Splitting on '^' ?

Stephen Hansen apt.shansen at gmail.com
Sun Aug 16 20:50:09 CEST 2009


And .splitlines seems to be able to handle all "standard" end-of-line
> markers without any special direction (which, ironically, strikes
> me as a *little* Perlish, somehow):
>
> >>> "spam\015\012ham\015eggs\012".splitlines(True)
> ['spam\r\n', 'ham\r', 'eggs\n']
>

... actually "working correctly" and robustly is "perlish"? :)

The only reason I've ever actually used this method is this very feature of
it, that you can't readily reproduce with other methods unless you start
getting into regular expressions (and I really believe regular expressions
should not be the default place one looks to solve a problem in Python)

Then again, as soon as Python started allowing you to open files with mode
"rU", I gleefully ran through my codebase and changed every operation to
that and made sure to write out with platform-local newlines exclusively,
thus finally flipping off those darn files that users kept producing with
mixed line endings.


> Amazing.  I'm not sure this is the *best* way to do this in general
> (I would have preferred it, and IMHO it would have been more
> Pythonic, if .splitlines accepted an additional optional argument
> where one could specify the end-of-line sequence to be used for
> the splitting, defaulting to the OS's conventional sequence, and
> then it split *strictly* on that sequence).
>

If you want strict and absolute splitting, you don't need another method;
just do mystring.split(os.linesep); I mean sure, it doesn't have the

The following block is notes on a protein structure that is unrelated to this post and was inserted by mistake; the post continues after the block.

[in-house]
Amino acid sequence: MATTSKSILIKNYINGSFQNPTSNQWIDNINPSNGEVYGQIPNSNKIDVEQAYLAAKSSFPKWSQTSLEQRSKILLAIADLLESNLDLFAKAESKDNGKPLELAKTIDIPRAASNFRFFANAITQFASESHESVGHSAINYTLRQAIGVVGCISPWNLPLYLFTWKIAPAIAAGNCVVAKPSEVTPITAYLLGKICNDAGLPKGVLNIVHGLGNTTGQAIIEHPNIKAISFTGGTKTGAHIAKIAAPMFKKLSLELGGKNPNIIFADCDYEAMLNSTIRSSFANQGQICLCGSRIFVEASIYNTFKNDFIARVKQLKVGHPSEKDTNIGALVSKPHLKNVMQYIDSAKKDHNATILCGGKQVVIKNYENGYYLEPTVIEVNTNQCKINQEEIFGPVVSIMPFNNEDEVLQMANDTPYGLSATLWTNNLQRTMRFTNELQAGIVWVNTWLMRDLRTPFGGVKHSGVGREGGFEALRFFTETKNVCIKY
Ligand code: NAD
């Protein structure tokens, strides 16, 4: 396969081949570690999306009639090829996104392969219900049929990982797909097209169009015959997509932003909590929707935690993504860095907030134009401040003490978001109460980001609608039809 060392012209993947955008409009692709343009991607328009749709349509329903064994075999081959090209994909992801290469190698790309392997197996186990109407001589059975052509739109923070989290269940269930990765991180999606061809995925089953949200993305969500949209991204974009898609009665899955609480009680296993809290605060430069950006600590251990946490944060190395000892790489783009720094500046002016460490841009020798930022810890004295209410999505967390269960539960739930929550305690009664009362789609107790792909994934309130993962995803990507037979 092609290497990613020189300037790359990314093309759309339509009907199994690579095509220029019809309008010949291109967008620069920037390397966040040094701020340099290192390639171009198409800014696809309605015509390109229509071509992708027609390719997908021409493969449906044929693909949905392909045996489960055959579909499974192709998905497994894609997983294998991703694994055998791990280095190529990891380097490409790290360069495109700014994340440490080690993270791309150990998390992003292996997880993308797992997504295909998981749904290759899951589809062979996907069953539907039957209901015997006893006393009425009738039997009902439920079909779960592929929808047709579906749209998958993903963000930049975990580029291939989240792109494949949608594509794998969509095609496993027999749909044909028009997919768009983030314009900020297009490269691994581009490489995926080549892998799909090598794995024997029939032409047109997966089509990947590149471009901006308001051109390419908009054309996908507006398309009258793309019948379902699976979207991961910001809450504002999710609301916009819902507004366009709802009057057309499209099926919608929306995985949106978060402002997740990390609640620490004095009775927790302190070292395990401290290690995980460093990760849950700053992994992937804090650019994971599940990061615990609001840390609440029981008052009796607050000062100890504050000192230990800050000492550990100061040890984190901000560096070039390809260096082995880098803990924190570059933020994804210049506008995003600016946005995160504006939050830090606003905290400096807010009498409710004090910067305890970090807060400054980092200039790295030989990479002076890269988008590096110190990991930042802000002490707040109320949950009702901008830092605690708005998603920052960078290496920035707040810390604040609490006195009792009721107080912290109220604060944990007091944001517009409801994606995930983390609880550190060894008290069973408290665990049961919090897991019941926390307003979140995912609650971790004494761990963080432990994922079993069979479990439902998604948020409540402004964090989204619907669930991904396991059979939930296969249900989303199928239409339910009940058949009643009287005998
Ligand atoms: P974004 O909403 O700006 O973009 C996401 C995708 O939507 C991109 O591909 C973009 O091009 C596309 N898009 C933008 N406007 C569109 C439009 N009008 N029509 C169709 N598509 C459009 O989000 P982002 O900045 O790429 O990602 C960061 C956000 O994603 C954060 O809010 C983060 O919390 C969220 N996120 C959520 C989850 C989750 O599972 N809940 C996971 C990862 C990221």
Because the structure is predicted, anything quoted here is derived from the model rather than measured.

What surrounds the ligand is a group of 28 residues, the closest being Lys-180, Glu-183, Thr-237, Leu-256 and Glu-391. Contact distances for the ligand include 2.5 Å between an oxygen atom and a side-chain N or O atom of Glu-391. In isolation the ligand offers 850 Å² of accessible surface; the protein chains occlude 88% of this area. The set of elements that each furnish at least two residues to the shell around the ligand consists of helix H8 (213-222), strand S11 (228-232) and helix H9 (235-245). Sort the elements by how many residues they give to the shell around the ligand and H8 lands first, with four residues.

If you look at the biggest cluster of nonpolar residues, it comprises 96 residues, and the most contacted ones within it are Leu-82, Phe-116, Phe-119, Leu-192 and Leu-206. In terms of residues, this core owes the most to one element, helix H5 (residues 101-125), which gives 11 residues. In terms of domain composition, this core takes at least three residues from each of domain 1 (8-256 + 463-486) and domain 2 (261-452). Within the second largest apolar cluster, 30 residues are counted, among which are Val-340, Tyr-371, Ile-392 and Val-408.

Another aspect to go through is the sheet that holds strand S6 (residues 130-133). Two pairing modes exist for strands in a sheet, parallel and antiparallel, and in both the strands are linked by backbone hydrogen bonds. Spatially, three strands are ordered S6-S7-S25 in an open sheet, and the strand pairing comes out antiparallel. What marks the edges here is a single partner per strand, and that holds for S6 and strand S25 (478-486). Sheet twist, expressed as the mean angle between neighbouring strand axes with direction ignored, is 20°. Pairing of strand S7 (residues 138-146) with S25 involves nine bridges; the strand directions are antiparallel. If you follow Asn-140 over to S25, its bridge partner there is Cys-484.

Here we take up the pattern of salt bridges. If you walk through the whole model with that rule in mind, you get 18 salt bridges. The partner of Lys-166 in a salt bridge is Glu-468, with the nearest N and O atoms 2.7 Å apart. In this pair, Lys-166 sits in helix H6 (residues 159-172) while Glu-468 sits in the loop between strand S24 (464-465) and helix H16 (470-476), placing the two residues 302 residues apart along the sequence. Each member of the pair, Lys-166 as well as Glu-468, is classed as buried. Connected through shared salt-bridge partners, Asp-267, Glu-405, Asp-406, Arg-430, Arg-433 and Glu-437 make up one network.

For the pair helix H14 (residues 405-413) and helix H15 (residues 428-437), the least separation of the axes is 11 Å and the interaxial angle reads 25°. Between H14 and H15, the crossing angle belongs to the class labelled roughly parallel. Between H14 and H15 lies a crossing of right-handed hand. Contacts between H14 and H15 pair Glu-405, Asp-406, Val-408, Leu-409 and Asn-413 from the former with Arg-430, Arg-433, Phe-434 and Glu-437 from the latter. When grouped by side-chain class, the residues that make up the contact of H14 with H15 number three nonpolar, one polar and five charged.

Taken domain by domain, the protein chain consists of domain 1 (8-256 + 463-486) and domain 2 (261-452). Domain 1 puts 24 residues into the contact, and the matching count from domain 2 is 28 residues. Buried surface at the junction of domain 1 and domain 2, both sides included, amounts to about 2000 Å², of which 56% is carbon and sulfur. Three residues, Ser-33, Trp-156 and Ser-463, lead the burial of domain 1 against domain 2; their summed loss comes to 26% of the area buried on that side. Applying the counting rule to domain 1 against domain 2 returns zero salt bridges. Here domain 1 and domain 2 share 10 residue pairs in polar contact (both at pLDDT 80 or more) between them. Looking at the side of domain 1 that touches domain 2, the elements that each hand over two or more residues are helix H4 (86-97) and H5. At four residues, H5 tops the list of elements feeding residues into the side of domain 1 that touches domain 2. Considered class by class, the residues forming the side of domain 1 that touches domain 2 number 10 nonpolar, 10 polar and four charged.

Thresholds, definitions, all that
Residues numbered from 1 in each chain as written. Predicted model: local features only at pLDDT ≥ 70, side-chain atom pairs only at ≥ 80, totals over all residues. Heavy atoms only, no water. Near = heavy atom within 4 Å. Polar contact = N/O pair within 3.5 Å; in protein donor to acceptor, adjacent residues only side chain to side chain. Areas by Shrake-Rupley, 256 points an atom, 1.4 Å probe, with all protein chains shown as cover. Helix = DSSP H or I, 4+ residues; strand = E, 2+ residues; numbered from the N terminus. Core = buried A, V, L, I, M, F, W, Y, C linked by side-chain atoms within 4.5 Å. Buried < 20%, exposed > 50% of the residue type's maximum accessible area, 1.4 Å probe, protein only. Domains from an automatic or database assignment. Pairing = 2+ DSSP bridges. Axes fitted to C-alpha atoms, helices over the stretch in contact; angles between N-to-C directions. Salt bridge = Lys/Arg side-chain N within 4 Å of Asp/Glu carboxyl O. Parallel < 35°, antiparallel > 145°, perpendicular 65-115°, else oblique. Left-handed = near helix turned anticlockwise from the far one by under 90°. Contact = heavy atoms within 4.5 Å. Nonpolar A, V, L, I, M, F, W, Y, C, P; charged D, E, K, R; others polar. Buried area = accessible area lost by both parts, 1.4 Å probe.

'keepends' feature -- but I don't actually understand why you want keepends
with a strict definition of endings... If you /only/ want to split on \n,
you know there's an \n on the end of each line in the returned list and can
easily be sure to write it out (for example) :)

In the modern world of mixed systems and the internet, and files being flung
around willy-nilly, and editors being configured to varying degrees of
correctness, and such.... It's Pythonic to be able to handle all these files
that anyone made on any system and treat them as they are clearly *meant* to
be treated. Since the intention *is* clear that these are all *end of line*
markers-- it's explicitly stated, just slightly differently depending on the
OS-- Python treats all of the line-endings as equal on read if you want it
to. By using either str.splitlines() or opening a text file as "rU". Thank
goodness for that :)

In some cases you may need a more pedantic approach to line endings. In that
case, just use str.split() :)

--S
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